I always take my little morkie (Maltese Yorkie mix) out walking at the end of the day just before the sun sets.
If it’s too hot for me to be outside, it’s certainly too warm for him – the same with pavement walking.
Unfortunately, the risks of elevated temperatures are not known to all dog owners, leading in several tragic fatalities every year.
PETA gathers reports on how many pets who die each year due to heat stroke or because they have been left in a hot car.
According to the organization, 58 animals died in hot weather-related deaths in 2018.
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Last year, The Royal Society for the Prevention of Cruelty to Animals (RSPCA) shared a heartbreaking story.
The RSPCA received a phone call about a dog who died from heatstroke tragically. The dog was healthy otherwise.
The family had taken their dog out for a routine walk, just like any other day, but this day would end in tragedy.
“This morning we have been informed that yesterday a local dog died of heat stroke after being taken on a walk at 9 am when the temperature was 21 degrees (Celsius),” RSPCA’s Altrincham branch wrote on their Facebook page.
In Fahrenheit, that is just 70 degrees — which does not seem that hot. But the temperatures that week had been at record highs.
“The dog was 5 years old and otherwise fit and healthy,” the post continued.
“Despite lots of warnings about the heat we still see dogs being walked to the shops, on the school run, or as soon as owners get in from work. We do understand the crucial nature of walking your dog, however, please bear in mind that walking in high temperatures can cause serious and irreversible damage, and in some cases death.”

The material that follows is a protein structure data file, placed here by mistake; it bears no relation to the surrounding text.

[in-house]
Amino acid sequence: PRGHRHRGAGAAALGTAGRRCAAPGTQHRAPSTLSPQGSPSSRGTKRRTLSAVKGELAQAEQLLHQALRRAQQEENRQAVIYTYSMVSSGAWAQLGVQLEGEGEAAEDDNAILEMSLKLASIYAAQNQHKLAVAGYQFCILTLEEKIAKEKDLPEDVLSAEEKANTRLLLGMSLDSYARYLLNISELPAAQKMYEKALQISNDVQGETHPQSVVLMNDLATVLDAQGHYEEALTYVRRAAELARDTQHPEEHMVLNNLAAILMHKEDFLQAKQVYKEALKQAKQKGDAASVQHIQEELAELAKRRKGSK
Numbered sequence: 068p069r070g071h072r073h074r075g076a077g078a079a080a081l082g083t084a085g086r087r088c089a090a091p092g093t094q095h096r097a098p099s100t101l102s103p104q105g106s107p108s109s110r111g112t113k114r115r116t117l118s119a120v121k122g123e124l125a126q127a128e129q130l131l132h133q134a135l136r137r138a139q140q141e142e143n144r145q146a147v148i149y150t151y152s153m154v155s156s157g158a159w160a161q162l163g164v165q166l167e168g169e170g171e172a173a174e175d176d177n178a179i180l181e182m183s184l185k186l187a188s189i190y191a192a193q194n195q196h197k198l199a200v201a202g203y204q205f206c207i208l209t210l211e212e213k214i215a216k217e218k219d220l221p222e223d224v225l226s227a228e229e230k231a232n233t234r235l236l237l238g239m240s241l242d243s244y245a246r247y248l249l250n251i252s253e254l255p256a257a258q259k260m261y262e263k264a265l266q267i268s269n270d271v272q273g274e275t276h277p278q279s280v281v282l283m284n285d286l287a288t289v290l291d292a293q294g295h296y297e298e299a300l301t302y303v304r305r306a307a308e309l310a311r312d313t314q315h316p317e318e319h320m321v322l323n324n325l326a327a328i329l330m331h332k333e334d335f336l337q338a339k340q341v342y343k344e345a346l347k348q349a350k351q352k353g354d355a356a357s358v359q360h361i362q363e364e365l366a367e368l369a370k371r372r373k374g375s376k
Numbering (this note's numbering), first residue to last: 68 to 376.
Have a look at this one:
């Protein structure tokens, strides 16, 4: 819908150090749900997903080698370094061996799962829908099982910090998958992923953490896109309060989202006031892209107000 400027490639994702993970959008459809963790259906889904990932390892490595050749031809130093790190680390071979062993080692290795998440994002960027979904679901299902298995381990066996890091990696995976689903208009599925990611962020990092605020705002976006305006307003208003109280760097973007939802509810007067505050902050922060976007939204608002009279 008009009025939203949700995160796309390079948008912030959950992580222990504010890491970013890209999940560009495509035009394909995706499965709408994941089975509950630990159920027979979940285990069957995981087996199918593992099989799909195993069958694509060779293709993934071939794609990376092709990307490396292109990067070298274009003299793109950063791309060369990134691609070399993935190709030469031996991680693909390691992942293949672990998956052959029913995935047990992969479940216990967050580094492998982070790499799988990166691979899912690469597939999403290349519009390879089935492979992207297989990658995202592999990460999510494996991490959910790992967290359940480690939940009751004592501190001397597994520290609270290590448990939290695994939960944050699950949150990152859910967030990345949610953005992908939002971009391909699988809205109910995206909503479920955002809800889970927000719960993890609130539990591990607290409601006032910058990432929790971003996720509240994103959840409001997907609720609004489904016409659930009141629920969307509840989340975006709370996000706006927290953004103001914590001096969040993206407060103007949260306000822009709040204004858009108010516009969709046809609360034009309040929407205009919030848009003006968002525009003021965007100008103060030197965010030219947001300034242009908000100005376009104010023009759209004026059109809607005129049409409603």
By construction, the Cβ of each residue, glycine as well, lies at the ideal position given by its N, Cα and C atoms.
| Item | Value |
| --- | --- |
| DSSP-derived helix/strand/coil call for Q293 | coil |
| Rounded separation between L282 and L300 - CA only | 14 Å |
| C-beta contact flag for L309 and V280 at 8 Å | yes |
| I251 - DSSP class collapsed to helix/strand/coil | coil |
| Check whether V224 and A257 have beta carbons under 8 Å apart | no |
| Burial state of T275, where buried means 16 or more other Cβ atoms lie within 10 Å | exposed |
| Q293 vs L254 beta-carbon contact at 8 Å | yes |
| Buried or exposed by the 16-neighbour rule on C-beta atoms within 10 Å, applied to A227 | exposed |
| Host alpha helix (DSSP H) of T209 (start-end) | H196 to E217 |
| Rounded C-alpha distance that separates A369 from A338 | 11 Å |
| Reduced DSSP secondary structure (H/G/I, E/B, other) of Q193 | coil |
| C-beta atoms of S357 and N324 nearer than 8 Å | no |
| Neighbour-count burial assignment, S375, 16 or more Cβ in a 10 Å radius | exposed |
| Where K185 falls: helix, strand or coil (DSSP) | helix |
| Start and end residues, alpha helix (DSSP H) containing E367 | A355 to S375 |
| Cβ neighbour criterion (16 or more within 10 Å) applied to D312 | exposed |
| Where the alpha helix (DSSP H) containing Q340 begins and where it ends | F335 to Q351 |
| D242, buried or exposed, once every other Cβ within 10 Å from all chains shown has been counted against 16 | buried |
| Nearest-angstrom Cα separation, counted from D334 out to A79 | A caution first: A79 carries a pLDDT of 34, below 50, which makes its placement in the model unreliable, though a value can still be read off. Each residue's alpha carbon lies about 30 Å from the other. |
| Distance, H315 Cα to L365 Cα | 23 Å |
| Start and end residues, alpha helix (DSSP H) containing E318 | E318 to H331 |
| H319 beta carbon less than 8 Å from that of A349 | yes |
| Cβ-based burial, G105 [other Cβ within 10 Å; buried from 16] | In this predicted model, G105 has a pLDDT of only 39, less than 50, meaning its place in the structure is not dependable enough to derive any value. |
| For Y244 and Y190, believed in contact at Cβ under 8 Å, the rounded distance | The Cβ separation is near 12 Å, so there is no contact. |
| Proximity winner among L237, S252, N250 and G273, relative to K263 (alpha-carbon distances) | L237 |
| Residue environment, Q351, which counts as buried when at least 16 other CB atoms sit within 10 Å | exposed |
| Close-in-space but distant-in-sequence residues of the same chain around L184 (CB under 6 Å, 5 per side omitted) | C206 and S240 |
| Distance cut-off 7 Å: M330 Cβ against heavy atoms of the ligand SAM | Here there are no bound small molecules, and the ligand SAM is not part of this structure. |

Even if the RSPCA sends out warnings every year, it’s important to keep the message alive: Dogs are having a hard time handling high heat and humidity.
They aren’t made to handle that type of weather.
You might believe you’ve got a completely healthy puppy, but that puppy is at risk just like an older dog for heatstroke.
During hot summer days please watch out for warning signs like these below:
Heavy panting – Excessive thirst – Glazed eyes – Vomiting and bloody diarrhea – Bright or dark red tongue, gums -Staggering – Elevated body temperature (104ºF and up) – Weakness, collapse – Increased pulse and heartbeat -Seizures – Excessive drooling – Unconsciousness
If the body temperature of your dog is 109ºF or greater, the cause is heatstroke. What happens is that the pet’s cells quickly begin to die.